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Not sure how to clean a washing machine or even why you should be doing it in the first place? In this post, we’ll share some effective cleaning tips for maintaining your machine and emphasising the importance of preventing bacterial growth.
Why You Need to Clean Your Washing Machine
There are so many reasons to clean a washing machine that you might not have considered before. First of all, most of us now operate our washing machines at low temperatures, which can lead to more foul odours coming from the appliance—even on newly cleaned clothes. These low temperatures can be a perfect environment for germs and bacteria to live in, resulting in a musty, dirty aroma that easily transfers onto your laundry.
Although washing at 60 degrees can stop this build-up of bacteria, we all know that this setting isn’t that great for the environment and our wallets. Not to mention that a higher temperature can result in shrunk clothes. Instead, we’ve gathered some cleaning tips to keep your washing machine low maintenance and long-lasting while eradicating any nasty smells.
Cleaning Your Washing Machine
Bleach is a great contender because it can power through dirt and mould from all areas of the washing machine. For the top and front loader of the washing machine, add 64g of bleach into the drum and 64g into the detergent drawer. Then, begin cleaning your dirty washing machine with an empty hot wash. Once the washing machine has run for an hour, pause the setting and start the cycle again.
Once finished, run a rinse cycle without any liquid detergent to ensure that there’s no more bleach. Once the cycle has finished, wipe the inside of the door with a damp, clean cloth and leave the seals to dry out. For your next wash, ensure that there are only white clothes inside the washing machine (just in case there’s any bleach remaining).
Using White Vinegar and Baking Soda
White vinegar is an effective ingredient for cleaning a washing machine because it can kill bacteria, and the smell won’t linger during the next washing cycle.
For the top loader, set the washing machine to its hottest temperature and pour 230 ml of white vinegar into the drum. Once the cycle has finished, add baking soda that’s about 1/2 teaspoon full and run it on the hottest cycle again. Then, clean the interior door seals and exterior of the door once complete, and wipe down everything on the inside to make sure that the solution has properly come off.
For the front loader of the washing machine, open the detergent drawer and add 120 g of white vinegar, then run a cycle at the hottest temperature. Once the cycle has finished, wipe down the drum using a soft cloth and target the door seals and exterior of the washing machine.
Citric acid is effective in cleaning a build-up of rust, limescale, and detergent.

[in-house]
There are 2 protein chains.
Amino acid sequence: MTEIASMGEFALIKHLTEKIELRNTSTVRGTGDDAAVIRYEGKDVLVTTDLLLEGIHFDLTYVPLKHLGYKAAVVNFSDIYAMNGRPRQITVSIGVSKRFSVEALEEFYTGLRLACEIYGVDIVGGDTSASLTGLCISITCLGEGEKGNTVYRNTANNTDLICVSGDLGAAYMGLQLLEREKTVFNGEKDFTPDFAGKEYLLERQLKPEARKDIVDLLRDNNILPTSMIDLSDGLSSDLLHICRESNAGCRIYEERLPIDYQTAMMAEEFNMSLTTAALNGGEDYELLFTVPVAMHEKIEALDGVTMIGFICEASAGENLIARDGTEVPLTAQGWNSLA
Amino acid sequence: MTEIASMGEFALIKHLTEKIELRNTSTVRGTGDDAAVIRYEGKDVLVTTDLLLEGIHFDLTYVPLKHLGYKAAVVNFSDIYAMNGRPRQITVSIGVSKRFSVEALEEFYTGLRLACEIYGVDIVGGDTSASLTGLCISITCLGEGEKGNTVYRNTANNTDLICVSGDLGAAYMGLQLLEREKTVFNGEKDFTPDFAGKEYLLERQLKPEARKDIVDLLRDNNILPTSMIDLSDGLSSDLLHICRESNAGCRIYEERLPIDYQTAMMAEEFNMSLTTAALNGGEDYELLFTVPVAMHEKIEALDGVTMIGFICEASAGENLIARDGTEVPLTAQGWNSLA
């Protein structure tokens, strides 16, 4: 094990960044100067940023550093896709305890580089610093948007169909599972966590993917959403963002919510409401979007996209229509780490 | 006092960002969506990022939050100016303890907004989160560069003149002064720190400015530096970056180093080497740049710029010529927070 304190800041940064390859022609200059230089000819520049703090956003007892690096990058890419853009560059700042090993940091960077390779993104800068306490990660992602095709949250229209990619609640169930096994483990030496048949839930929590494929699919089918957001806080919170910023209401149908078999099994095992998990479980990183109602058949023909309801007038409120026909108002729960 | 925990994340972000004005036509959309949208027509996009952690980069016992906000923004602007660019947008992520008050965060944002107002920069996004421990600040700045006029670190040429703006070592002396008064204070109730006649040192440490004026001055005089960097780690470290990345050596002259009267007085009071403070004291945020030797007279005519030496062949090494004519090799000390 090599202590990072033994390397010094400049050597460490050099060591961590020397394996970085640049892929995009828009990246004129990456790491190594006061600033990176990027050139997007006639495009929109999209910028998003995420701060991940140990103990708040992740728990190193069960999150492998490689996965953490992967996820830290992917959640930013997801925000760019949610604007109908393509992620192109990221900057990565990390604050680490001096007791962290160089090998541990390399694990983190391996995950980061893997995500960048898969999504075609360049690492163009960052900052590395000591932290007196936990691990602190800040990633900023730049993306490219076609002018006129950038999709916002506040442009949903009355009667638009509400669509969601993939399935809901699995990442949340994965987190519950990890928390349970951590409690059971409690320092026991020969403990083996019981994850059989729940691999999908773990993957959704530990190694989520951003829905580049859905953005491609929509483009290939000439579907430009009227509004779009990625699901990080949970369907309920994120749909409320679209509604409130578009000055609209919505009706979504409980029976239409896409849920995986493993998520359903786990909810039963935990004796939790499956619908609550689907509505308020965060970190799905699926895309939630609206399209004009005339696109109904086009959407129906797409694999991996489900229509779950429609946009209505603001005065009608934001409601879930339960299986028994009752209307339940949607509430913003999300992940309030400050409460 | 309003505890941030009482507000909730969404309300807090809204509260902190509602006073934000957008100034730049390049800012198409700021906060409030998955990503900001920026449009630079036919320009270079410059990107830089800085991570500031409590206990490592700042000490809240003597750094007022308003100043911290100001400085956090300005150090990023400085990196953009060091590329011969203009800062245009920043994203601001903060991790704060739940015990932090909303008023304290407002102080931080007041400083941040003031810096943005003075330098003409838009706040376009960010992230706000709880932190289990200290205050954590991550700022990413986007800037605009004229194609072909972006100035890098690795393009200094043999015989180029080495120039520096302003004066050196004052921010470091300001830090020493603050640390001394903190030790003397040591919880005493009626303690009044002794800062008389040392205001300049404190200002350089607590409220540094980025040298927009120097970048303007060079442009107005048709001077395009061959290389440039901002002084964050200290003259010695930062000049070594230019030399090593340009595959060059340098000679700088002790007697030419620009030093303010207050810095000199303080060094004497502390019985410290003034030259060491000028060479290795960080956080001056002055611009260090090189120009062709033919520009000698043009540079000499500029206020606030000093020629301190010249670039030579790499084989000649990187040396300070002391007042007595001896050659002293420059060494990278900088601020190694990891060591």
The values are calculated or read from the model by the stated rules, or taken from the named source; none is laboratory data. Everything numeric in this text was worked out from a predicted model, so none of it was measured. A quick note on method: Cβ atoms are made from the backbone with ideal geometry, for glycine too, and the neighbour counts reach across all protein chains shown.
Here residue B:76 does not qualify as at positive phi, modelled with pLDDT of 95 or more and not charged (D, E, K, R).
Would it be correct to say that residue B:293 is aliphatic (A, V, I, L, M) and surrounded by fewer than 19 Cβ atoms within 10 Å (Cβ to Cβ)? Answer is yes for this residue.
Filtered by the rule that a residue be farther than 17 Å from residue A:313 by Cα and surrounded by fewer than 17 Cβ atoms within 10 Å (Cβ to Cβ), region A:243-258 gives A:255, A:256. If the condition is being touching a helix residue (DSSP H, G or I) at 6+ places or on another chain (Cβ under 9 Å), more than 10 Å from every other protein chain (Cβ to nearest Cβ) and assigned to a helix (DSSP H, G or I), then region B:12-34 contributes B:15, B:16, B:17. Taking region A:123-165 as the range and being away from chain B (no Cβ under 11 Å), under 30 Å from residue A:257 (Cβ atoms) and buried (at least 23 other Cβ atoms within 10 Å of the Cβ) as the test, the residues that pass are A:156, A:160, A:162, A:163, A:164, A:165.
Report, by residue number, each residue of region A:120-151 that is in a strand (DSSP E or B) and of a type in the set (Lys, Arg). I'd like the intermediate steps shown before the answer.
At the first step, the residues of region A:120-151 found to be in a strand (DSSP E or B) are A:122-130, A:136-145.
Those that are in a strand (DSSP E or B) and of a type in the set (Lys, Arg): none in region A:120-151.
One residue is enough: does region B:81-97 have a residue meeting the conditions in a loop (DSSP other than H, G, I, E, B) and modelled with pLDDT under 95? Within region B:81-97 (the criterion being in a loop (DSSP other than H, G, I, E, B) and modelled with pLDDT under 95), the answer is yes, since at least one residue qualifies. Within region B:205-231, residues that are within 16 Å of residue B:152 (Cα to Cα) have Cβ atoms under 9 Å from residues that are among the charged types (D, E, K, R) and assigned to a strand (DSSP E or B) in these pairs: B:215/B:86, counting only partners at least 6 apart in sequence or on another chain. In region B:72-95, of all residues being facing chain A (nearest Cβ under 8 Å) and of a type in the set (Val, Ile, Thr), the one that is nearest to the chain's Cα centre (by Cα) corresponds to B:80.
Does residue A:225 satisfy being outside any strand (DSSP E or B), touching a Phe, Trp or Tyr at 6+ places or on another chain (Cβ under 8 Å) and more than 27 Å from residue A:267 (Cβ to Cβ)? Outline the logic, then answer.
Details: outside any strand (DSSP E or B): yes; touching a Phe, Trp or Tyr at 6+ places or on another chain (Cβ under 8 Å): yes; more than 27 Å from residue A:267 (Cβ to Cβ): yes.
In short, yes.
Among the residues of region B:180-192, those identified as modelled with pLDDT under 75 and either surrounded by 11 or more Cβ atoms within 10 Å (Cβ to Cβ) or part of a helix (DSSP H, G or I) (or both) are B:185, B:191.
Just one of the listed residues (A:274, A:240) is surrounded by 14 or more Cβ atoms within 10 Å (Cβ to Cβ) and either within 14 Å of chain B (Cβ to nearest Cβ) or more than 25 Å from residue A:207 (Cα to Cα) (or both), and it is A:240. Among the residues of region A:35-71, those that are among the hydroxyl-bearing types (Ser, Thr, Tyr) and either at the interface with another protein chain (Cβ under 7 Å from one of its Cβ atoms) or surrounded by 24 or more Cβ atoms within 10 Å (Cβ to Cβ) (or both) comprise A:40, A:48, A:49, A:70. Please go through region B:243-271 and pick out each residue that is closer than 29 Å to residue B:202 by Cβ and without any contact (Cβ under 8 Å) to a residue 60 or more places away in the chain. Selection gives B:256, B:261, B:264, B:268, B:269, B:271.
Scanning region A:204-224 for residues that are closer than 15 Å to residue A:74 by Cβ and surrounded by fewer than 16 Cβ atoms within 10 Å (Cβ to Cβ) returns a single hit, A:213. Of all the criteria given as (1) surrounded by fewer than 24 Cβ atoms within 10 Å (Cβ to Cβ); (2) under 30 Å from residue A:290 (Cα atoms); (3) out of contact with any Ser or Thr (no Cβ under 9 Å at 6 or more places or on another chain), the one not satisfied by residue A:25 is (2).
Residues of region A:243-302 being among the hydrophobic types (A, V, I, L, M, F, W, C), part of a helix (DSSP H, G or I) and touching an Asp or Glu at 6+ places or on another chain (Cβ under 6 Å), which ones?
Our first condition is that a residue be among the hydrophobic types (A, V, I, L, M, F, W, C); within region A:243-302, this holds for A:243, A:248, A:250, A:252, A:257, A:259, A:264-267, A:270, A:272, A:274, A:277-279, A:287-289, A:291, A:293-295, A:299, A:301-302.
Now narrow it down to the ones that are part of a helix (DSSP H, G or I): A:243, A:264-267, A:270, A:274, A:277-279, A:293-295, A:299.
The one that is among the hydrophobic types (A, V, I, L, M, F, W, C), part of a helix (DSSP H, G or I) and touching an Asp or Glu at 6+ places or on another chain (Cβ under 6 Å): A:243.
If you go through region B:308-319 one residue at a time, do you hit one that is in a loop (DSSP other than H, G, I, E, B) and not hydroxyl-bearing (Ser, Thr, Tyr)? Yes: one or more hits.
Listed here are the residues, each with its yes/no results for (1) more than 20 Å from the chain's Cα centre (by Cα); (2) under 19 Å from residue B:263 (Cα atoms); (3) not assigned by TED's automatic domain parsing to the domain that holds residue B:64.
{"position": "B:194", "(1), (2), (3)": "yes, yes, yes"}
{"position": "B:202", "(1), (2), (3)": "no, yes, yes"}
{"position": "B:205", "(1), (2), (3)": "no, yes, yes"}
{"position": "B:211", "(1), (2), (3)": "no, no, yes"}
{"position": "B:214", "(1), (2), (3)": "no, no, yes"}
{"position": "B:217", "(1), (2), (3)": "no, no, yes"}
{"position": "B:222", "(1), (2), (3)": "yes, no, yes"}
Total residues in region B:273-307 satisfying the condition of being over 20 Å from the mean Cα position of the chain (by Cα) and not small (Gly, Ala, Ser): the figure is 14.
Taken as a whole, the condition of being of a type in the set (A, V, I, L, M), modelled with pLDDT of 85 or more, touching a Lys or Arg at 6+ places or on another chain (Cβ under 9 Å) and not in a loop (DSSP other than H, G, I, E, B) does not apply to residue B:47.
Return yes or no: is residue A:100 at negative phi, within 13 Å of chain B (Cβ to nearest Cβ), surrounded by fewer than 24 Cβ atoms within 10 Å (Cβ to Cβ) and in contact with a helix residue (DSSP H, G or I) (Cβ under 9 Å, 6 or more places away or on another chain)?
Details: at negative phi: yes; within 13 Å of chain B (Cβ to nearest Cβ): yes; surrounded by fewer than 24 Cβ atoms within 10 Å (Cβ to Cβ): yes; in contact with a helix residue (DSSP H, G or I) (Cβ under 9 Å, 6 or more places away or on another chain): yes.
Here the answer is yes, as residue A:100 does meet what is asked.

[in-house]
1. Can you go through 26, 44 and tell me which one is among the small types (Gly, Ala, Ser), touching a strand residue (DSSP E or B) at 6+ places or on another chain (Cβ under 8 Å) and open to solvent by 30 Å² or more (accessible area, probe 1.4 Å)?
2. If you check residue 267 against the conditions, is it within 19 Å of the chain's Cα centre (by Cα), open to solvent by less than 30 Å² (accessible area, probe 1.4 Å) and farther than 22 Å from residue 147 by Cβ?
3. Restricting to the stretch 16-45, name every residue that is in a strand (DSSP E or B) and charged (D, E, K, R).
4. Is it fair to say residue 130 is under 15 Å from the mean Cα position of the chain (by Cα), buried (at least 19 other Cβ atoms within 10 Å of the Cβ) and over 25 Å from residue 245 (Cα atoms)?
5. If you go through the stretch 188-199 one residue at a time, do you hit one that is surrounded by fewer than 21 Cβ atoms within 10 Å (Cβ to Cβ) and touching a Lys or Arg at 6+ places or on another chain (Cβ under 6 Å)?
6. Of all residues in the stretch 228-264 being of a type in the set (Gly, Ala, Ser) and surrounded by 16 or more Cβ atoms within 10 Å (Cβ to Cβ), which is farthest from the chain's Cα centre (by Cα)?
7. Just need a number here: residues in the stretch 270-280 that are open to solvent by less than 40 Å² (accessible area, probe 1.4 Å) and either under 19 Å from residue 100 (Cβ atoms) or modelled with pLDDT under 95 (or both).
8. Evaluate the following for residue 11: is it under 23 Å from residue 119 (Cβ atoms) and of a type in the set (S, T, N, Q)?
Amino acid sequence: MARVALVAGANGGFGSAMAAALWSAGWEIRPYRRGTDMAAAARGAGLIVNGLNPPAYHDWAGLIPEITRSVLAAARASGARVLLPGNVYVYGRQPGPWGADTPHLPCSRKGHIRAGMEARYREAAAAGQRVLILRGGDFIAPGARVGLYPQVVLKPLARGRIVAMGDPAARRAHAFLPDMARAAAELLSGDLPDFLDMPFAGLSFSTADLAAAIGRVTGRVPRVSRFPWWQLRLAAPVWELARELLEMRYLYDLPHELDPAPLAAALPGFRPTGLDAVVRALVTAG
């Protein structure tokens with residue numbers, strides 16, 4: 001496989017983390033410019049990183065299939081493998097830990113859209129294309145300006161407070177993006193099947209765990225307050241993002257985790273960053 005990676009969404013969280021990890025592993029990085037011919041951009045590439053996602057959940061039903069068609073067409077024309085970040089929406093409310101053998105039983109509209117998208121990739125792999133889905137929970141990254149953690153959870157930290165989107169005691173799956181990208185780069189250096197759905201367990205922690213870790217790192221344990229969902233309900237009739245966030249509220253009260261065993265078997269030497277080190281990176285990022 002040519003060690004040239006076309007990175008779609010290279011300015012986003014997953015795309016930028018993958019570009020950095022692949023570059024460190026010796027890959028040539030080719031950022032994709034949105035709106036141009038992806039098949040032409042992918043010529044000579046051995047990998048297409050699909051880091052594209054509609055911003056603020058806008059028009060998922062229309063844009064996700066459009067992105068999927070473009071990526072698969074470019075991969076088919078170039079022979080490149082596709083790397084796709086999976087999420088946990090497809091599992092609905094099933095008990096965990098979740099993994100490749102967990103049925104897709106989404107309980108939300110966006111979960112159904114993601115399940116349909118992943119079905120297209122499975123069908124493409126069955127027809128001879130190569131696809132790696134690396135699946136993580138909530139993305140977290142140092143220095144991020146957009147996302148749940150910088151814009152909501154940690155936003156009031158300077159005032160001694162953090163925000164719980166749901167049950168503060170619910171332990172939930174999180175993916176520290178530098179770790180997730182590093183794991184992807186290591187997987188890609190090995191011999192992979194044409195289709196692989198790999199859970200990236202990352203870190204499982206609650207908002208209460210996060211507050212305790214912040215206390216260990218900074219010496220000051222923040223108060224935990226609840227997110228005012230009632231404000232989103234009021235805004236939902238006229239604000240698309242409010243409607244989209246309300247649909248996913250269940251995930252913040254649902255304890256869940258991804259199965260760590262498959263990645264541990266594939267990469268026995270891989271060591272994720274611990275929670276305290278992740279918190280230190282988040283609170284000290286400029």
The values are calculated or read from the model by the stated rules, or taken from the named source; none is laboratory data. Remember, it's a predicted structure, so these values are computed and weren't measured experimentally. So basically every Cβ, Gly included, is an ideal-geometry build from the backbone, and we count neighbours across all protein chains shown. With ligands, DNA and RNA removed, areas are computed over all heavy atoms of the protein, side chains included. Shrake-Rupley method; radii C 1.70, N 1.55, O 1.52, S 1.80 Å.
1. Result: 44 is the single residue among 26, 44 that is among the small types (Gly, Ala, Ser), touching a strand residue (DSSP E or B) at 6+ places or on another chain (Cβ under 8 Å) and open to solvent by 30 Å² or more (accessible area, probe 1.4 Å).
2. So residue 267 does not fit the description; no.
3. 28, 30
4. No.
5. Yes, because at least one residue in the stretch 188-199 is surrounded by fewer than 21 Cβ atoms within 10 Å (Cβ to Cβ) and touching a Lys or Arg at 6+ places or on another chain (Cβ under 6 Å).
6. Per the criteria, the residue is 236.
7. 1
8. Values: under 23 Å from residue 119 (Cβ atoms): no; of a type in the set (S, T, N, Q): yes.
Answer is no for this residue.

Begin by boiling water in a pan and removing it from the heat. Dissolve 300 g of citric acid in the hot water, and add the solution directly to the washing machine’s drum. Then, pour a little remaining into the tray. Run the washing machine on a hot cycle without anything include.
Cleaning the Exterior of a Machine
You should also clean the washing machine’s exterior to keep the washer in tip-top condition. For the top and front loaders, use a damp cloth and wash up liquid to remove any stains from the outside of the washer and remove dust. Dry the surface with a clean towel to remove any liquid.
Another component to focus on is the rubber seal, which can breed mould and mildew, as well as hair grips, coins and more. Use a damp cloth with soapy water and wipe down the rubber seals, ensuring that you’re careful when you left them away not to rip them. Wipe away any residue that’s stuck to the seal, and remove any grime with an old toothbrush.
When you clean your washing machine, it’s important to clean out the detergent drawer, too, as this can be a breeding ground for mould, mildew, grime and bacteria caused by leftover fabric softener and old water. Fortunately, doing so is easy. Remove the drawer and rinse the inside under hot water to get rid of any soap scum. To get rid of any product build-up, use an old toothbrush.
Cleaning a Washing Machine’s Filter
A clean filter can prevent any vibrations and loud noises while the washing machine is in use. And it’ll take longer to complete the cycle while also randomly stopping the cycle. Here’s how to thoroughly clean your machine’s filter for the best results.
Step 1: Unplug and Wipe
Begin by turning off the appliance and disconnecting it from the power, and ensuring that the water supply is shut off. Then, lay a towel on the floor and place a large shallow container outside of the washer to catch any loose water. Locate the black drain hose and unclip the pump cover.
Step 2: Drain
Remove the cap off the drain hose over the bowl to allow the water to seep into the leak. You might need to complete this process several times. Once all of the water has drained, ensure that you replace the cap and the drain hose and put it back into position.
Step 3: Remove the Filter
For the next step, unscrew the filter cap and slide it out. Water will leak into the towel you’ve placed on the floor in front of the washing machine. In addition to water, you may also find coins and lint. Ensure that you remove all loose pieces and accessories and clean the filter.
Step 4: Secure
Screw the filter cap back into the locked position, and close the pump cover, ensuring that it clicks into place to make sure it’s properly secured.
Ways to Prevent a Stinky Washing Machine
Nobody likes a smelly washing machine, so here are some top tips to avoid a bad smell in the first place.
- After a wash cycle, leave the detergent drawer open to air out in-between cycles to prevent mould build-up.
- Don’t use more detergent than what you need. Overloading the drawer can leave a build-up of product, which can then result in mould, mildew, grime and soap scum forming.
- Around once a month, run a hot wash cycle to prevent mildew and bad smells from forming. You can also add vinegar or baking soda to the drum for extra precaution.
- Leave the door open on the washing machine in-between washes to allow the interior to dry out and reduce bad smells from forming.
- Regularly wipe down the exterior of your washing machine. It is one of the easiest yet most effective cleaning tips to prevent a smelly washing machine. There won’t be a damp breeding ground for bacteria.